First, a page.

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Student Accused in Stabbing Says He Acted in Self-Defense

The New York Times

Wednesday, October 26, 1994

By Jacques Steinberg

MOUNT VERNON, N.Y., Oct. 25 – A lawyer for the 17-year-old student charged with fatally stabbing another student at Mount Vernon High School on Monday said today that his client had acted in self-defense after being attacked by the victim and several other students in a hallway.

But the Mount Vernon Police Chief, Michael J. Craparo, said it was not clear whether the victim, [Deceased], had been one of at least four youths who had accosted the suspect, [Defendant].

That fight, in which [Defendant] was cut on the forehead, led to the stabbing of [Deceased], the police said. [Deceased], also 17, was a star center fielder on the school baseball team.

The mood at Westchester County’s largest high school – it has 2,600 students – remained tense. An undercover police officer and a reinforced detail of 32 security guards patrolled the hallways and detectives continued their investigation, interviewing more than a dozen witnesses.

After a fire alarm sounded, more than 50 students left the school and marched about a half mile to the Board of Education headquarters to protest safety conditions. The police said that the 10-minute demonstration, which included several adults, had been peaceful and lasted about 10 minutes.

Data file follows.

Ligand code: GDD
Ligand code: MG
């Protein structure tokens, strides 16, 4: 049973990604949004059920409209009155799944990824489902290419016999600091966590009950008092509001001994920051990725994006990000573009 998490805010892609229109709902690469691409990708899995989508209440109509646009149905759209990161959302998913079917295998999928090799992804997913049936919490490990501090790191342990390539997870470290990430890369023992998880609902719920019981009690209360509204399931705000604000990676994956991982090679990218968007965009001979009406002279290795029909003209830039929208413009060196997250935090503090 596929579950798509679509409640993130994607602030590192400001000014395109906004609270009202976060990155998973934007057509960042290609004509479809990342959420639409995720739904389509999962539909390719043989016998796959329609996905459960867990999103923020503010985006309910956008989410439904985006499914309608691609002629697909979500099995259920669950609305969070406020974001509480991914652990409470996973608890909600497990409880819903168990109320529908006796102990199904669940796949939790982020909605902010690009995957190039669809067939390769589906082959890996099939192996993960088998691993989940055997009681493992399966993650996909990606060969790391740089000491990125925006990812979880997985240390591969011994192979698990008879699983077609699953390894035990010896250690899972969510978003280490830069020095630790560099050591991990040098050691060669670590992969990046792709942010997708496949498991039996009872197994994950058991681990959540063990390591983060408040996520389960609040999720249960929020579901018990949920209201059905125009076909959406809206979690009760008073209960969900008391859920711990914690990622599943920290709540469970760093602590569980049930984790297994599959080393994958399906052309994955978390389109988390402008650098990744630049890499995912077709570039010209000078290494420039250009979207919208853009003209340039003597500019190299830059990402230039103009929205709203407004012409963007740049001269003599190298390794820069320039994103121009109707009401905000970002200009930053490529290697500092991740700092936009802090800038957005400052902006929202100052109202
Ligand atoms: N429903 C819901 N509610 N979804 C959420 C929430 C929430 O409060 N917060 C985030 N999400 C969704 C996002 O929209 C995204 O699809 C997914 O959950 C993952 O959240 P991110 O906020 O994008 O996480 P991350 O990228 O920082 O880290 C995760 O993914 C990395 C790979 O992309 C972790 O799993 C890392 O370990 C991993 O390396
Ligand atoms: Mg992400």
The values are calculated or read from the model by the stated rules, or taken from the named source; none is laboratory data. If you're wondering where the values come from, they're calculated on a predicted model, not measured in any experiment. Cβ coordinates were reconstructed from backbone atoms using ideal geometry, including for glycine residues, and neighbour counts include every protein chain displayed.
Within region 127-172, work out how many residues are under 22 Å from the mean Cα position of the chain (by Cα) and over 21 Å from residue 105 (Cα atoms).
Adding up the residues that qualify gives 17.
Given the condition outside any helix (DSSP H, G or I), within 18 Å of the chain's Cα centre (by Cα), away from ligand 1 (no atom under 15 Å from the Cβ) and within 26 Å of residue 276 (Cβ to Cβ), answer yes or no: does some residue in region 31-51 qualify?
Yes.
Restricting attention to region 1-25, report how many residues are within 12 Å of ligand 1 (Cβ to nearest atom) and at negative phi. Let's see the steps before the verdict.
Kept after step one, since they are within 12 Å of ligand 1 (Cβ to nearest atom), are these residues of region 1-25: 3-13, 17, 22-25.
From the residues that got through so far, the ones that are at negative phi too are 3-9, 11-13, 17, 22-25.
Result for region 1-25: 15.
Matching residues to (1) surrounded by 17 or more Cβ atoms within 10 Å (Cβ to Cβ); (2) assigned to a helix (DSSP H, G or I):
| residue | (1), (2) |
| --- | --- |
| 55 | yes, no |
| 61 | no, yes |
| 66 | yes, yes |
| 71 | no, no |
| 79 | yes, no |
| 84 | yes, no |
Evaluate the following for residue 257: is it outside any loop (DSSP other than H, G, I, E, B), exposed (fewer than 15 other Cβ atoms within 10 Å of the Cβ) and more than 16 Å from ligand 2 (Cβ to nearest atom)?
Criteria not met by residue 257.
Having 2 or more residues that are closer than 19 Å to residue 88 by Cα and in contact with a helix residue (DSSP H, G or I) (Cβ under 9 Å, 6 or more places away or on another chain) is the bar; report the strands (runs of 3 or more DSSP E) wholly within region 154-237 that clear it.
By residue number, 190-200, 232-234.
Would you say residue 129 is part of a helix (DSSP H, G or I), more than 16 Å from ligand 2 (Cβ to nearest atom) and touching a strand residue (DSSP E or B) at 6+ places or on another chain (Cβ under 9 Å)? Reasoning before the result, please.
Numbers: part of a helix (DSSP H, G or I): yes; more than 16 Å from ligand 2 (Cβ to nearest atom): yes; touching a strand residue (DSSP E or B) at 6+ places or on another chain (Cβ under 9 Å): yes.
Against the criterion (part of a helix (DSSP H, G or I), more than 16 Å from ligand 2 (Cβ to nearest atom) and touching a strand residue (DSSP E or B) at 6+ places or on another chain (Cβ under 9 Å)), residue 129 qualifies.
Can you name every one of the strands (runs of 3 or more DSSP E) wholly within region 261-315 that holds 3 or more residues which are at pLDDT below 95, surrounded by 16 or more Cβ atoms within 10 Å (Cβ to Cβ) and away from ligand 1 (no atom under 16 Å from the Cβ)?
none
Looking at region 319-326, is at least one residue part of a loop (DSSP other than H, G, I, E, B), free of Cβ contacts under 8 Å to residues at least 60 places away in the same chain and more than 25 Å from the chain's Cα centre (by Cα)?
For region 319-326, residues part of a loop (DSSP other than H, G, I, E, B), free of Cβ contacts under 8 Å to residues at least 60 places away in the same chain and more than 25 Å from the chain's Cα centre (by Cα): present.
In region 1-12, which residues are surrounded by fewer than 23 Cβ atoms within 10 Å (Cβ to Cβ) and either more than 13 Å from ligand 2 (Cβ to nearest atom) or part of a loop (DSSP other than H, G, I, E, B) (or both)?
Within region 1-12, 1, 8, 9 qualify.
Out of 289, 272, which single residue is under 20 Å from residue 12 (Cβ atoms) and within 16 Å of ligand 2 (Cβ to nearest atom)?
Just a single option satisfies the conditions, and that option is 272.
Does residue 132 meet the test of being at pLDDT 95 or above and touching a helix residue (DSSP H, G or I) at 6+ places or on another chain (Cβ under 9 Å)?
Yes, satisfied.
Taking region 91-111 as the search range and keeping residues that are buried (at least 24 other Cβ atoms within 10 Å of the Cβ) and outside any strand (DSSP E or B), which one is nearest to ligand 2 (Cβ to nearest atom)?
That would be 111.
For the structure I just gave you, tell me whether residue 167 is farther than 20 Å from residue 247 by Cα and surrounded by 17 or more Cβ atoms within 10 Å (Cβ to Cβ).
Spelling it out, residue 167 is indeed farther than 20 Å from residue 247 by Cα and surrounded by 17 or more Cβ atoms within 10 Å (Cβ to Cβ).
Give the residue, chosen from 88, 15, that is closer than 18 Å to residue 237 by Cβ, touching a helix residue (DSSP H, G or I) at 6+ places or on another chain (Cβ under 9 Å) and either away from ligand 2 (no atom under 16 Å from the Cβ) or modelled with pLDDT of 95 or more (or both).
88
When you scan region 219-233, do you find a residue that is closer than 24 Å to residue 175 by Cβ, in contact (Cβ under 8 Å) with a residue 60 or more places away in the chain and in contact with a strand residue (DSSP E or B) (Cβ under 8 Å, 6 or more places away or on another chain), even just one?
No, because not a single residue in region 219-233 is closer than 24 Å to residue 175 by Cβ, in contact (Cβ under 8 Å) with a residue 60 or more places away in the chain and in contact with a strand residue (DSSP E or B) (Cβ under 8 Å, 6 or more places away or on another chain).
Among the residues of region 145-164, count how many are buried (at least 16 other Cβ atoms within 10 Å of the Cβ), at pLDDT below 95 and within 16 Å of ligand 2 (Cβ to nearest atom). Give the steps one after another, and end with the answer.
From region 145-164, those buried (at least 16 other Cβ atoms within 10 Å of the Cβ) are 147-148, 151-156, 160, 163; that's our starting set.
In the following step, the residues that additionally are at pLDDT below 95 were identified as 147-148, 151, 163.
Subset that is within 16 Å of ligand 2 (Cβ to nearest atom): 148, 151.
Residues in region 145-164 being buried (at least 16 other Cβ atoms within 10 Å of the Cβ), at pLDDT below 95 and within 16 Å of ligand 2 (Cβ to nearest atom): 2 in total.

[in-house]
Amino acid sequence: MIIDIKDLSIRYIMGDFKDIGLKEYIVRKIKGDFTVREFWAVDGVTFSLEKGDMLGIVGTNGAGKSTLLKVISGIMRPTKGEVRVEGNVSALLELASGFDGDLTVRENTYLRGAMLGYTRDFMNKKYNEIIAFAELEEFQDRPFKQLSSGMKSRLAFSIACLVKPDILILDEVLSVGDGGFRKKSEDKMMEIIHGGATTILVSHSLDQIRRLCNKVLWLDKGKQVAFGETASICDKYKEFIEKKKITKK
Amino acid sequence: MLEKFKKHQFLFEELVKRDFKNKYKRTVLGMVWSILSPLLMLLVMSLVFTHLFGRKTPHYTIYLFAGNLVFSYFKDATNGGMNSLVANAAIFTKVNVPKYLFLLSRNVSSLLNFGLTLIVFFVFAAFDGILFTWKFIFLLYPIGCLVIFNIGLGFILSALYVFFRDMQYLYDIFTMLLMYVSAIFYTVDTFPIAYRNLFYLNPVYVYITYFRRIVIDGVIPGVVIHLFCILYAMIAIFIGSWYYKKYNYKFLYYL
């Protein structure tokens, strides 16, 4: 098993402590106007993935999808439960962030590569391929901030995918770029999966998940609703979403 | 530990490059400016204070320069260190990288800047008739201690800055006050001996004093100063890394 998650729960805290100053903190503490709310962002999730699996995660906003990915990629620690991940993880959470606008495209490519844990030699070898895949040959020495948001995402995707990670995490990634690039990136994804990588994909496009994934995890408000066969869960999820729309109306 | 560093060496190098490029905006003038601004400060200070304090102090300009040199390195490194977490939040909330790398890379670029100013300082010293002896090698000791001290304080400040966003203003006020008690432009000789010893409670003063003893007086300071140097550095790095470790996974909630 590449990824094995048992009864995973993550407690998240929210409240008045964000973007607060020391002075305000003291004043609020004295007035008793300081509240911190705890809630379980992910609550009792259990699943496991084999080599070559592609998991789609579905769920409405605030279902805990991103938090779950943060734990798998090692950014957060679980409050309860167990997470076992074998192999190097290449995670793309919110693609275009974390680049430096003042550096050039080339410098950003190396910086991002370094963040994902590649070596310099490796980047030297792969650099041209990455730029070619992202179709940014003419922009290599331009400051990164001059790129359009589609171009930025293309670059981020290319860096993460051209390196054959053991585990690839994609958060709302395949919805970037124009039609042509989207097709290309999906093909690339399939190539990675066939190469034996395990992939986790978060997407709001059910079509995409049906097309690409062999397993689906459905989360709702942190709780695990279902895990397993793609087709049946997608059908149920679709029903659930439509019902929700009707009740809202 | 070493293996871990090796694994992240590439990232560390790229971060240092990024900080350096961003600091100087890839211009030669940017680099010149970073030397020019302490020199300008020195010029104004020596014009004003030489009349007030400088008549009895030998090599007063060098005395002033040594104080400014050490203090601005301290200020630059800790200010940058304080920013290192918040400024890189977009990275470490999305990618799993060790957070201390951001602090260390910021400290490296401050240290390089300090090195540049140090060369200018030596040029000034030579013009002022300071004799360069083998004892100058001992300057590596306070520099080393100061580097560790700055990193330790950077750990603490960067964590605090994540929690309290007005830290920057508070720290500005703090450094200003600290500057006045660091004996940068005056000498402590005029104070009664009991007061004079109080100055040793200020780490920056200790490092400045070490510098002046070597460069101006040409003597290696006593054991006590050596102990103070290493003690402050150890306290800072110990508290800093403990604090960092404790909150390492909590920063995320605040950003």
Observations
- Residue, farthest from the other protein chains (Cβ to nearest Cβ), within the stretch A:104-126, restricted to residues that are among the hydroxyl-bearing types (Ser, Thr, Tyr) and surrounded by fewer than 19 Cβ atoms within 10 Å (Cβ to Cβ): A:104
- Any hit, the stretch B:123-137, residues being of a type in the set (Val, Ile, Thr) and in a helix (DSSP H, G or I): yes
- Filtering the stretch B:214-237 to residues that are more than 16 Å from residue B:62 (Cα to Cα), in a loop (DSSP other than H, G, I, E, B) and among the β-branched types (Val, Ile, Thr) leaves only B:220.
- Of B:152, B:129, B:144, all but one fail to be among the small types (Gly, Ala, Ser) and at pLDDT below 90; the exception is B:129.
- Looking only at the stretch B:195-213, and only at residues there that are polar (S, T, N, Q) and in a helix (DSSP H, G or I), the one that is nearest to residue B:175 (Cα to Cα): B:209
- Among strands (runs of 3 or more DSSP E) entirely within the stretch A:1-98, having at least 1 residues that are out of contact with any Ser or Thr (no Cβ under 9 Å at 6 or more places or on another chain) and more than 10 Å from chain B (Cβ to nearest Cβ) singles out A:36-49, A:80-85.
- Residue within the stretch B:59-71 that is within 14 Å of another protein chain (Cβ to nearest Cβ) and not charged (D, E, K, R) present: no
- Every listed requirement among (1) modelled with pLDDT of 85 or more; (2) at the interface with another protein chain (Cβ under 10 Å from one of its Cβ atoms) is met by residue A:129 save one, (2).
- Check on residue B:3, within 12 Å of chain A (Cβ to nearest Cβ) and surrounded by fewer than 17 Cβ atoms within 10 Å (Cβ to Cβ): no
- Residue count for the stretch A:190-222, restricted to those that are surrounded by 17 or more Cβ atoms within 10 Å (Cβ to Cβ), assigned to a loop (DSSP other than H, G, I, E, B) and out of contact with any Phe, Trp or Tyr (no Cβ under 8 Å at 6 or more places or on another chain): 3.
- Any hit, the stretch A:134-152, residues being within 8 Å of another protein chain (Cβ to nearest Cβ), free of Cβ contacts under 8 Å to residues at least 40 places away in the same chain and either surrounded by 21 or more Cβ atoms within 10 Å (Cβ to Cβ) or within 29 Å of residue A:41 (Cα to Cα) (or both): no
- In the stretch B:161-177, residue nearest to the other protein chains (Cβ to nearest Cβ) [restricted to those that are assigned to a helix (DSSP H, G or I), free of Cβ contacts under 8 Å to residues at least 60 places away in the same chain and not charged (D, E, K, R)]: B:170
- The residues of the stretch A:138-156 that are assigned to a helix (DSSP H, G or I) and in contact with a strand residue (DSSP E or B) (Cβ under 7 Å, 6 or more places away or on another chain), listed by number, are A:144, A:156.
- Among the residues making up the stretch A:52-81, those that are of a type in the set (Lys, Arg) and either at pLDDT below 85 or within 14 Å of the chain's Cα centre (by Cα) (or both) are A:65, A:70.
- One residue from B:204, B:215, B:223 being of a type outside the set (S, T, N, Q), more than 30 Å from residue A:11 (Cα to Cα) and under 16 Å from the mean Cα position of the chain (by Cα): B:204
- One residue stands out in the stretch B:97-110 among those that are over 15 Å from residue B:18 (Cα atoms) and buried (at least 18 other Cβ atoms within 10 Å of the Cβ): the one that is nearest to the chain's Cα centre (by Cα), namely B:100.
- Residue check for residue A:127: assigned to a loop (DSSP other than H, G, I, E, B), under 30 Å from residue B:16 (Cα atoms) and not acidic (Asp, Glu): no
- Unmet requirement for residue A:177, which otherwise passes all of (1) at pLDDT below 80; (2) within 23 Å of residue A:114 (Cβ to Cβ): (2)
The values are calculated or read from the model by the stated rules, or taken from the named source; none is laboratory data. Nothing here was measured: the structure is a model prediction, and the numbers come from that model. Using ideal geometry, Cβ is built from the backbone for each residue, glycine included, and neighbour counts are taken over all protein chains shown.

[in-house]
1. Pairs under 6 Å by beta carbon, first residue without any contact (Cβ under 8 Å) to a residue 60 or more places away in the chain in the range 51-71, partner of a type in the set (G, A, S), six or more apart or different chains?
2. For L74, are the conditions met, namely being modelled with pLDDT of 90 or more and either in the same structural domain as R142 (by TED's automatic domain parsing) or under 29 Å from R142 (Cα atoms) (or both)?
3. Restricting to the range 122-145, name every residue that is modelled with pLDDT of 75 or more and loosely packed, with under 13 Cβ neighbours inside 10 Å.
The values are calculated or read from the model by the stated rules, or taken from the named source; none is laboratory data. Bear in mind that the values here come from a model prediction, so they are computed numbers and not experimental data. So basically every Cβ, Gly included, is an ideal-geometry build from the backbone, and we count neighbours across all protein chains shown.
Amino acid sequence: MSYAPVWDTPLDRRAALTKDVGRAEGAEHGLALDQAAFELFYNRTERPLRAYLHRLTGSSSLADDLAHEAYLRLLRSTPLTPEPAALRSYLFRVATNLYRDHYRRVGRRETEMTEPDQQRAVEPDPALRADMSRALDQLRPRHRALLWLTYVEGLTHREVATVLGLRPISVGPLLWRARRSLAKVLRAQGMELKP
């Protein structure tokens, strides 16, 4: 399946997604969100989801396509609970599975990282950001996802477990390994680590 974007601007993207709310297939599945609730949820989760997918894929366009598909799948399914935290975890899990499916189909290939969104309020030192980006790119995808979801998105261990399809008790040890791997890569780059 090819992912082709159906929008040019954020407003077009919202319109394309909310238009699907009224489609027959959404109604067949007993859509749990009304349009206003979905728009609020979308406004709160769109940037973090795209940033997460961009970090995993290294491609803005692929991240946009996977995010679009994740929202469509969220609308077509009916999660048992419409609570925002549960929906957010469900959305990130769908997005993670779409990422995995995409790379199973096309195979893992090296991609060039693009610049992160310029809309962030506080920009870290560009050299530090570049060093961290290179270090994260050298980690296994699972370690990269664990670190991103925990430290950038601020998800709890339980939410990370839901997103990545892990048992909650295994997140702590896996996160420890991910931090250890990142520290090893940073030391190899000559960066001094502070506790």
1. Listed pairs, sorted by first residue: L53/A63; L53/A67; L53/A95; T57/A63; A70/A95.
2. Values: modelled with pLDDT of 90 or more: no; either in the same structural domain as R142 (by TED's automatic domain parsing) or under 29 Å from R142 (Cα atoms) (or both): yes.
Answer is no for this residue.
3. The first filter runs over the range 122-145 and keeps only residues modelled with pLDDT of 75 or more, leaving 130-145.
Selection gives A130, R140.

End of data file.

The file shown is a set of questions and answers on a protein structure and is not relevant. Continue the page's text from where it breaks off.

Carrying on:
At the red-and-tan-brick school, a team of psychologists, social workers and guidance counselors visited classrooms to soothe jittery nerves.

Some students spoke of the need for metal detectors, a measure that has been rejected in the past by the Board of Education. But others said that their fears – fanned over the years by glimpses of smuggled knives and box cutters – would not be eased by security devices alone.

“We have to start with the mentality of the students who go here,” one young woman said at a group counseling session. She added that even with metal detectors students would find a way to smuggle in weapons.

At his arraignment in Mount Vernon City Court this morning, [Defendant] pleaded not guilty to second-degree murder. He was ordered held without bail pending a preliminary hearing on Monday.

In an interview, [Defendant’s] lawyer, Todd Greenberg, asserted that [Deceased] had been part of the group that had attacked his client and provoked the stabbing. He said that [Defendant] – who was cut above the right eyebrow and required about five stitches – would probably mount a self-defense defense.

Chief Craparo said that in the moments before [Deceased] was stabbed, [Defendant] was cornered against a wall by his attackers, knocked to the ground and slashed with a knife wielded by someone [Defendant] has been unable to identify. [Defendant] wrested the knife away and, moments later, stabbed [Deceased] three times in the neck, the chief said.

Investigators have not yet determined whether [Deceased] was one of [Defendant’s] assailants or someone who got caught in the second-floor hallway at the wrong time, the chief said.